Fatherhood, support system helped Milton Doyle grow into Loyola legend

Photo: Kendall Shaw/Associated Press

When Milton Doyle was redshirting his freshman season at Loyola, he told his mother he wanted to drop out and work at McDonald’s.

“Boy, you’ve got too much talent,” his mother, Birdie Green, told him, petitioning him to stay in school.

Over the next four years, Doyle used that talent to blossom into one of Loyola’s all-time greats, and the 6’4″ guard earned All-MVC First Team honors Tuesday after averaging 15.5 points, 4.9 rebounds and 4.5 assists during his senior season.

Instead of working at McDonald’s, Doyle expects to land a pro contract when he leaves Loyola, even if it’s in the D-League or overseas. Playing professional basketball was always his dream, but now it’s also a responsibility because 23-year-old Milton Doyle is now Milton Doyle Sr., the father of two toddlers: Milton Jr., 2, and Makynli, 18 months.

“It matured me more,” Doyle says of fatherhood. “It made me think about further down the line, my future, way more than I was thinking about before. It gave me more motivation to do better with basketball.”

Loyola coach Porter Moser says Doyle’s improvement since last season began with the best offseason of his career. The Chicago native added muscle to become more effective driving the lane and on defense in addition to working on his skills.

“Sometimes young guys, they come out of high school and it’s about themselves,” Moser says. “And I think [when he became a father] he realized the education, the basketball career — everything got more serious.”

While basketball is one way to support a family, it took Doyle some time to realize the importance of a college degree. Moser and Green teamed up to help him stay committed to academics and Loyola.

“We did some teamwork on that,” Green says. “There were points where he was really ready to give up. I know Milton is smart, but I know he’s lazy when it comes to schoolwork, too. I didn’t want to let him go [to Loyola] and be setting him up for a downfall.”

Although Doyle’s redshirt year in particular was tough, the plan ultimately worked as he graduated in December after nearly leaving to play professionally last spring, and Moser says his personal growth off the court “is one of the biggest climbs of any player I’ve coached.” The person who used to sometimes avoid eye contact when shaking your hand now takes his hat off and gives you a half smile when he walks in a room, Moser notes.

One story from the end of last summer stands out to Moser.

A mother from Colorado preparing to move her daughter into Loyola happened to see Doyle in his school gear on the “L,” not knowing who he was initially. She struck up a conversation about the university and Chicago. Then, Doyle offered to help move her daughter into her dorm.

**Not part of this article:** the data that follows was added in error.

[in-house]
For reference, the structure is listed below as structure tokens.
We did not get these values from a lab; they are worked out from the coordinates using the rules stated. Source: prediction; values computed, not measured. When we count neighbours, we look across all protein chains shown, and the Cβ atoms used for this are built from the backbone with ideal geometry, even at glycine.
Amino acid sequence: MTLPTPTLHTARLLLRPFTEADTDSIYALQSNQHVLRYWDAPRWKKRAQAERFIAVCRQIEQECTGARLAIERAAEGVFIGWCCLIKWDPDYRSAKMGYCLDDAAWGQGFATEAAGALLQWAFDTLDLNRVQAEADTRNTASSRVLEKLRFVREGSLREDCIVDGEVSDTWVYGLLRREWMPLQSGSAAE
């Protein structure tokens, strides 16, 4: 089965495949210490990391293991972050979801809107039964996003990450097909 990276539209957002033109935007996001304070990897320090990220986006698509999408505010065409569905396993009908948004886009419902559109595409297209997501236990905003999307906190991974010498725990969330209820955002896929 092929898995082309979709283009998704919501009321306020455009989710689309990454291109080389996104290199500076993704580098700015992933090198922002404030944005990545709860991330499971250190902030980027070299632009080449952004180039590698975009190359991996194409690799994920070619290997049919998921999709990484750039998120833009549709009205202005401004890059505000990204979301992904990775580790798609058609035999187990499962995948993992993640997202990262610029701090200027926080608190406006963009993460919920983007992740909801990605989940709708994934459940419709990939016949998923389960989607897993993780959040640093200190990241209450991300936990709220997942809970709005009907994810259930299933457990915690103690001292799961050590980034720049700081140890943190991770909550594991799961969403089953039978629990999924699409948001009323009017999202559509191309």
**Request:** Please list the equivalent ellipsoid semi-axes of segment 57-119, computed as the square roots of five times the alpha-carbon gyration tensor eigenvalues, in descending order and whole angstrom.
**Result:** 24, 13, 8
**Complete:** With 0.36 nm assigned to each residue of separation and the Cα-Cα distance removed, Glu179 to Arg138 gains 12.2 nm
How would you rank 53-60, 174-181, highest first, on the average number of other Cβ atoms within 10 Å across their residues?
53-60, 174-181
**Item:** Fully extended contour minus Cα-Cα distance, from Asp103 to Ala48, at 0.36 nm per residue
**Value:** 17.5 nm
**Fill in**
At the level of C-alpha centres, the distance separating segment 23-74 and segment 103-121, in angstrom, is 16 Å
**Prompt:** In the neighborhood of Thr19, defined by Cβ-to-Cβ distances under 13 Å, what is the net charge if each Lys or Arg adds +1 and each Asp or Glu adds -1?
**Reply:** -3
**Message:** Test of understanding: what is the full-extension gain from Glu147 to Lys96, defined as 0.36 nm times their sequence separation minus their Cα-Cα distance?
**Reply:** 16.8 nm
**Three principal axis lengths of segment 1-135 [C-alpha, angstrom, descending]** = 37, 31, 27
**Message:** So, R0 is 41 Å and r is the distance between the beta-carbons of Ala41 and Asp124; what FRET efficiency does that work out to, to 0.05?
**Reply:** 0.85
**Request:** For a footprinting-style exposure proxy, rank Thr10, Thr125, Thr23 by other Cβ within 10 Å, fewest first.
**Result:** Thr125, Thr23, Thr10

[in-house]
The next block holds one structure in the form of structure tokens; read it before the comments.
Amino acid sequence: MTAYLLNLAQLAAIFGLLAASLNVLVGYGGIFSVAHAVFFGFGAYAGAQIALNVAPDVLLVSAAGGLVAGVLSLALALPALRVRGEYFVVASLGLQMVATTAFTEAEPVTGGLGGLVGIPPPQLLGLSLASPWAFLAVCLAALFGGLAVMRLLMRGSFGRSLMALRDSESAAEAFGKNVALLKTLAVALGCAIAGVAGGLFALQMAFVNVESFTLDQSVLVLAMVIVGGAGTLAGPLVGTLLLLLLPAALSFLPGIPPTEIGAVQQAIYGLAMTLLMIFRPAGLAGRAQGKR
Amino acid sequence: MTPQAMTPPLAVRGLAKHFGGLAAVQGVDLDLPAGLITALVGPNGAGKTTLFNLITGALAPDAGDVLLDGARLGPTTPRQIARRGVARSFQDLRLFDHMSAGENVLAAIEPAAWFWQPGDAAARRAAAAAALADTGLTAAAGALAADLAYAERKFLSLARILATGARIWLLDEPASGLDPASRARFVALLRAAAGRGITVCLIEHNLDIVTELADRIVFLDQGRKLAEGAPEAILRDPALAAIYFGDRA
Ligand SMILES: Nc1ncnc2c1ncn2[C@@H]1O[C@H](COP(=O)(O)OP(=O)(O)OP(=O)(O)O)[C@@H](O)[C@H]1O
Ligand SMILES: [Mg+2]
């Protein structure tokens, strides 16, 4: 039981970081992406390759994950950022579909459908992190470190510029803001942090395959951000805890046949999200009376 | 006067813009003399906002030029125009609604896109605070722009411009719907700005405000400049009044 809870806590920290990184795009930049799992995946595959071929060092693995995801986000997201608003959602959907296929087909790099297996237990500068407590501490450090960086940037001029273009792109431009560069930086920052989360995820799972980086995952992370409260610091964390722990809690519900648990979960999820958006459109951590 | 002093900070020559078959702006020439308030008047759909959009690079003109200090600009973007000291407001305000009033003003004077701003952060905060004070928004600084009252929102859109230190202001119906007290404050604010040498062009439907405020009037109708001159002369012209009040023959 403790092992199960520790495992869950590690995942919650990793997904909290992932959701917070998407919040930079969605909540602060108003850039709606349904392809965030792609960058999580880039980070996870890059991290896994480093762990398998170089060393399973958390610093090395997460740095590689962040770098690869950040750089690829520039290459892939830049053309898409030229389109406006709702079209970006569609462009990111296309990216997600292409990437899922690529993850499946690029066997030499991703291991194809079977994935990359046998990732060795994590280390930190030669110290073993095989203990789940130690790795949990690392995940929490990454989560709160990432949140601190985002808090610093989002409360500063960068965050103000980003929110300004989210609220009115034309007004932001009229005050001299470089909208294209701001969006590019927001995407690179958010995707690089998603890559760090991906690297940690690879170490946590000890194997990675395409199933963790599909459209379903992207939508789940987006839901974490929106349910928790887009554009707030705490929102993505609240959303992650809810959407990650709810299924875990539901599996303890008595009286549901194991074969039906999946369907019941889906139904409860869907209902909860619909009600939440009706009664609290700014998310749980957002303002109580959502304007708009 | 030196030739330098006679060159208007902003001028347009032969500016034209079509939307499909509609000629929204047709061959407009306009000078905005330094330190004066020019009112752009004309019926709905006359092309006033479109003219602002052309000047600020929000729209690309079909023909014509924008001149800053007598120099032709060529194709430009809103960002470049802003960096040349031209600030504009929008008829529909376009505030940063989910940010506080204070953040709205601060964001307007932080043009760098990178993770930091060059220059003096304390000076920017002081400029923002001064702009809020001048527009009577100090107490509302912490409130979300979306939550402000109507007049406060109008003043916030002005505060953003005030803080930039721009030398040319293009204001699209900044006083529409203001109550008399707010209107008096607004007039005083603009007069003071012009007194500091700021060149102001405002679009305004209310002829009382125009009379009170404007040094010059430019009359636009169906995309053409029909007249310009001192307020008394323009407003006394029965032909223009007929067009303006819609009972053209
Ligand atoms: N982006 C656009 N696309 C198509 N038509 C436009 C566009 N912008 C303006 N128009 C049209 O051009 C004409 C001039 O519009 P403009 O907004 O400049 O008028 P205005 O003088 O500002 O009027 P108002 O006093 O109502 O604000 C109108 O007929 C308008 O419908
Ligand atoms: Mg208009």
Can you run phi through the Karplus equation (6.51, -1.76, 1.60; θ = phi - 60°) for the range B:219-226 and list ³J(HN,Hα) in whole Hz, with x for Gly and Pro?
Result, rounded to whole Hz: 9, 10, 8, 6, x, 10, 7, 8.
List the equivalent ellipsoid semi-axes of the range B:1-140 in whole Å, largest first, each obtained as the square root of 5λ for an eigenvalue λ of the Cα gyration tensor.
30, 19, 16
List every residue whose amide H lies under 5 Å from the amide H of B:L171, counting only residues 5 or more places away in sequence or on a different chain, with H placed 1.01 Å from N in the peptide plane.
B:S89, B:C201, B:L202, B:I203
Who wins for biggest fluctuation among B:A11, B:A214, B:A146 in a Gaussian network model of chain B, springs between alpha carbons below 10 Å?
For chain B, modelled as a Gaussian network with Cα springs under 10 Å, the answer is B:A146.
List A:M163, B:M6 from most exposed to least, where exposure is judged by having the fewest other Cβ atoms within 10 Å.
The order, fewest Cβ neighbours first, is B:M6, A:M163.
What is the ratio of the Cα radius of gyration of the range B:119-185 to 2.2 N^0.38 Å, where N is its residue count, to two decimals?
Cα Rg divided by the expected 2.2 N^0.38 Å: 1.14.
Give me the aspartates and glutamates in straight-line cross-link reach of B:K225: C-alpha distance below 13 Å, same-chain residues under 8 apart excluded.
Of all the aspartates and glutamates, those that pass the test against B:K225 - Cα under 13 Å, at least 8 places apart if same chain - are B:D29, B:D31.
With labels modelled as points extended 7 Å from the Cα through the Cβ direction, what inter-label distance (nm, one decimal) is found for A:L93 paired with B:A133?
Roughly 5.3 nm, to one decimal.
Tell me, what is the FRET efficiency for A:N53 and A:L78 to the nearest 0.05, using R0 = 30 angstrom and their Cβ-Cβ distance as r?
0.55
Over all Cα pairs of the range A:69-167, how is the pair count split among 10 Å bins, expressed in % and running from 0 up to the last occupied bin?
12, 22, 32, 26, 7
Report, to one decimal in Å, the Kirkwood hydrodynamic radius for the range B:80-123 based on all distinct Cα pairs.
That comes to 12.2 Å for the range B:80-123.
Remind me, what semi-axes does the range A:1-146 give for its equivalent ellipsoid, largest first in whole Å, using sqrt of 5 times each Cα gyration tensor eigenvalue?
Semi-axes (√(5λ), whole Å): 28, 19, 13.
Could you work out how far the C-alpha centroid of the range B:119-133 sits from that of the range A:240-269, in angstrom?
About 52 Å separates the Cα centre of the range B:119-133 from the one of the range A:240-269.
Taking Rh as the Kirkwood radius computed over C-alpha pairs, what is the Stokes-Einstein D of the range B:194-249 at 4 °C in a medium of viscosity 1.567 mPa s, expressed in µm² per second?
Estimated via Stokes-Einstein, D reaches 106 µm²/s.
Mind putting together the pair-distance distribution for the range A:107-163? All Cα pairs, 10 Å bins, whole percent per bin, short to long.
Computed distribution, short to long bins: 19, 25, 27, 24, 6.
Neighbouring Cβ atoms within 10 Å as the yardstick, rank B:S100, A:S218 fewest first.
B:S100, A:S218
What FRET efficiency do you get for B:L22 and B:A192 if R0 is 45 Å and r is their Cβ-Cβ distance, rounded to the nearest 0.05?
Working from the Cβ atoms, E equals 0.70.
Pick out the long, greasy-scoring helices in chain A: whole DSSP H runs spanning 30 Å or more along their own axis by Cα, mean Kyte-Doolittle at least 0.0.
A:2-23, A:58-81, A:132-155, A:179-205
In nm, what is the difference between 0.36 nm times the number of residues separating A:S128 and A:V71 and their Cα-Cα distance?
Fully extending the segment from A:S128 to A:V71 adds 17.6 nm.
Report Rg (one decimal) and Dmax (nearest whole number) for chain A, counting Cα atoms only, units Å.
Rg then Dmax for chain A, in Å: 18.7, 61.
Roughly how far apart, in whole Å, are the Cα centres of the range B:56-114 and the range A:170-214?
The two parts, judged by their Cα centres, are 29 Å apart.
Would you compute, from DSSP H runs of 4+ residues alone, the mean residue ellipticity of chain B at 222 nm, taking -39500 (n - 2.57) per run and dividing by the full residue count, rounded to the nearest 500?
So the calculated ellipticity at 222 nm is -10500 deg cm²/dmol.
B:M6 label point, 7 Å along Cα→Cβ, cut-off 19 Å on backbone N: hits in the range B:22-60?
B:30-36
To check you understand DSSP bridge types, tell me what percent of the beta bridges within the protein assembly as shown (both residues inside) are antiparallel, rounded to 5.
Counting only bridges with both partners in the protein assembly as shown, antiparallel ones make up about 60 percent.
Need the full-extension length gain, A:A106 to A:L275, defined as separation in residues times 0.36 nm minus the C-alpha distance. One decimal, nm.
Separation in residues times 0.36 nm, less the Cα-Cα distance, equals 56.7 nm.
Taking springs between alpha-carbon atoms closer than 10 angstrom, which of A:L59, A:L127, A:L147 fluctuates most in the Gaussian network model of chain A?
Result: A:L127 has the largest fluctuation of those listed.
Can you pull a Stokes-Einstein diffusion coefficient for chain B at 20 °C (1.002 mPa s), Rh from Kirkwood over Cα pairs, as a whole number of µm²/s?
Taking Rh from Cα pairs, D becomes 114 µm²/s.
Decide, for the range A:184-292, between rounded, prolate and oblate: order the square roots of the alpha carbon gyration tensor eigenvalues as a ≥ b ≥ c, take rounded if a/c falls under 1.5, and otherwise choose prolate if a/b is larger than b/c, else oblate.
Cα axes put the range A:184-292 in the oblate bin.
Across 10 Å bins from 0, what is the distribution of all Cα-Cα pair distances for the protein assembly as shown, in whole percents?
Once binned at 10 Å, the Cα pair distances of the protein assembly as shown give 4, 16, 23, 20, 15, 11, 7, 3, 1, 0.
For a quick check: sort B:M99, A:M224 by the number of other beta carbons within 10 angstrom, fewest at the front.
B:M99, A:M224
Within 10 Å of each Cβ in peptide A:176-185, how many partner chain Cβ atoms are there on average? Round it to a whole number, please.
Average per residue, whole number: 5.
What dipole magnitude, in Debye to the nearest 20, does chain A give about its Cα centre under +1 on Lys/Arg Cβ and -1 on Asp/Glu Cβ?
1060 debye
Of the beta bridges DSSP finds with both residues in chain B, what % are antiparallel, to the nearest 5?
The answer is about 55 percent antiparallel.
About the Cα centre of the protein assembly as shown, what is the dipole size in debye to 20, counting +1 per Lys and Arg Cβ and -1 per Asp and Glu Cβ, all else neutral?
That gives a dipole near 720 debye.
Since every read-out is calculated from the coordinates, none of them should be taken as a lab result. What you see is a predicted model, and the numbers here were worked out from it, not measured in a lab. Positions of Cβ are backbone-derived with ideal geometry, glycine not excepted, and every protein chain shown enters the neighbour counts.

Doyle never let on to Moser what happened, and Moser never would have known had the mother not reached out to the coach.

“Sometimes as a parent, life becomes bigger than about yourself,” Moser says, “and Milton for sure has transformed into that.”

Some people might panic at the thought of having one, let alone two, children while in college. Although both pregnancies were accidental with separate girlfriends, Doyle says he took fatherhood in stride and never considered options like abortion or adoption.

Initially, he was afraid of telling his mom the news. He says he spoke so quickly the first time telling her that he had to repeat himself. His mother was shocked but remained her son’s main support system, helping out during the pregnancies and since the births while Doyle completed his academic and athletic careers at Loyola.

“The message was: don’t get nobody pregnant. He turns around and had two of them, so I was like, Oh Lord,” Green remembers with a laugh.

Doyle says he learned everything he knows about how to parent from Green, who raised him and his three brothers mostly on her own. His dad was in and out of his life growing up, although the two maintain a positive relationship.

Doyle and his family see the proof of his success as a father in how he and his daughter interact when they meet outside the locker room after home games.

“When she sees him, her eyes light up and so does his,” Green says.

That’s not to say fatherhood has always been easy. Sometimes the hard parts are physical.

Just like any other dad, Doyle would have to wake up in the middle of the night to get his daughter a bottle.

Unlike any other dad, he would interrupt his rest after a day filled with schoolwork and basketball practice to do so.

“Just trying to balance it and maintain some sanity at the same time,” Green says. “Of course I help out a lot and try to help balance things for him because I want him to keep his focus as much as possible. But he’s pretty much handled it well.”

Sometimes the hard parts of fatherhood are emotional.

He does not get to see Milton Jr., who lives with Doyle’s previous girlfriend, often but cherishes his visits, especially now that his namesake has taken a liking to basketball.

“He always watches the games,” says Doyle. “Every time I see him that’s all he wants to do: shoot a basketball.”

Whenever his basketball career ends, Doyle hopes to put his sociology degree to use with a non-profit youth organization.

With a diploma and an all-conference nod under his belt, the final goal for Doyle in his Loyola career is to win a conference tournament championship and reach the NCAA Tournament for the first time. But it will be a tall task in St. Louis this weekend to slay MVC giants Illinois State and Wichita State, which each posted 17-1 records in the regular season and only lost to each other.

Either way, soon enough Doyle will remove his Loyola jersey for the final time.

“I’ve been here so long that it’s about time anyway,” the fifth-year senior says with a chuckle. “I think I’m ready for whatever it is out there.”

Whatever awaits, it’ll be better than McDonald’s.

Leave a Reply